The judicial courts form the largest part of the system; they handle most civil and criminal cases involving ordinary citizens. The two supreme courts
within the judicial system are the Constitutional Court and the Court of Appeals. The Constitutional Court reviews the constitutionality of laws and
decrees at the request of the president or of one-fifth of the members of the National Assembly. Its decisions on the constitutionality of legislation
and government decrees are final. The eleven members of the Constitutional Court are appointed by the president from among candidates nominated
by lower courts and the High Council of Judges and Public Prosecutors. Challenges to the constitutionality of a law must be made within sixty days of
its promulgation. Decisions of the Constitutional Court require the votes of an absolute majority of all its members, with the exception of decisions to
annul a constitutional amendment, which require a two-thirds majority.
The Court of Appeals (also known as the Court of Cassation) is the court of last instance for review of decisions and verdicts of lower-level judicial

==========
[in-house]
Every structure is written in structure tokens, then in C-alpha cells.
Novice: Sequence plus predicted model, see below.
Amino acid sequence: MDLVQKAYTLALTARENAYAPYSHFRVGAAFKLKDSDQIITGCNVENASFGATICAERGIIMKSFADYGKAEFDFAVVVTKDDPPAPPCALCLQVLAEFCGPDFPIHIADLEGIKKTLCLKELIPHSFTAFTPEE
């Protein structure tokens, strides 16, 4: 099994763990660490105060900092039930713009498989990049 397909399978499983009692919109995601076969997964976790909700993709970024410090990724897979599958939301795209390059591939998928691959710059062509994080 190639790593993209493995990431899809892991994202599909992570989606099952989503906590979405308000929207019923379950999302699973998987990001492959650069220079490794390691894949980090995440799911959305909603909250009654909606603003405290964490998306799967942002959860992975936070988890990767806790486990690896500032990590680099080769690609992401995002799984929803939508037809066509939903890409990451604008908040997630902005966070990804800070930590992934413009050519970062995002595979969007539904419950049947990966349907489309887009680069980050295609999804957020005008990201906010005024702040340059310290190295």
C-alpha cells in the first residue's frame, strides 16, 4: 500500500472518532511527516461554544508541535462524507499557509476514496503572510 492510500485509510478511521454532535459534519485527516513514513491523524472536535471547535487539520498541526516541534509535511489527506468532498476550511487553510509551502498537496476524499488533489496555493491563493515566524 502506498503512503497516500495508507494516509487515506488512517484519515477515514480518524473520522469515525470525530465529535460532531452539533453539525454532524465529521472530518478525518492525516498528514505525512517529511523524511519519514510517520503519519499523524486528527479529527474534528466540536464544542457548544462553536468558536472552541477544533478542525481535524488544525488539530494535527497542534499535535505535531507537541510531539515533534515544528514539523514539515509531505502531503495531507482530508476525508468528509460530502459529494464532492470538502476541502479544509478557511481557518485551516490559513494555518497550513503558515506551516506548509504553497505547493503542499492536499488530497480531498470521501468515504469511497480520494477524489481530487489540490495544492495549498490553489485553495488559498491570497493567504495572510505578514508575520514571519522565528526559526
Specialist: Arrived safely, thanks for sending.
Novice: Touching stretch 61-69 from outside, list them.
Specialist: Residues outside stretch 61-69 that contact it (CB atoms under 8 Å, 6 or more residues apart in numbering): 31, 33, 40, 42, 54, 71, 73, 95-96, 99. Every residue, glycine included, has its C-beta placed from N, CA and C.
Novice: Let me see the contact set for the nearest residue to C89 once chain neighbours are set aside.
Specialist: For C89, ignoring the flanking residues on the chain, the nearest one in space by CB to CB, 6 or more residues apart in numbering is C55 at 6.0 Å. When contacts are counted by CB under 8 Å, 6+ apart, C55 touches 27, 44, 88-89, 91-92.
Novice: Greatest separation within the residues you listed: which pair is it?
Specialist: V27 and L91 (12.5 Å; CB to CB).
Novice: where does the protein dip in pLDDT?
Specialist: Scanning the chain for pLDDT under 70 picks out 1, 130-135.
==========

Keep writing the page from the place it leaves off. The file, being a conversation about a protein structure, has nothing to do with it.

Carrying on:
courts, both civil and criminal. Its members are elected by secret ballot by senior judges and public prosecutors. Below the Court of Appeals are the
ordinary civil and criminal courts. At the lowest level of the judicial system are justices of the peace, who have jurisdiction over minor civil complaints
and offenses. Criminal courts presided over by a single judge have jurisdiction over misdemeanours and petty crimes, with penalties ranging from
small fines to brief prison sentences. Every organized municipality with a minimum population of 2,000 has at least one court presided over by a
single judge, with the actual number of courts varying according to the total population. Courts presided over by three judges primarily have
jurisdiction over major civil suits and serious crimes. Either of the parties in civil cases and defendants convicted in criminal cases can request that
the Court of Appeals review the lower-court decision. The Turkish courts have no jury system, and judges render decisions after establishing the
facts in each case based on evidence presented by lawyers and prosecutors.
The administrative court system consists of the Council of State, an appellate court, and various administrative courts of first instance. The Council
of State reviews decisions of the lower administrative courts, considers original administrative disputes, and, if requested, gives its opinion on draft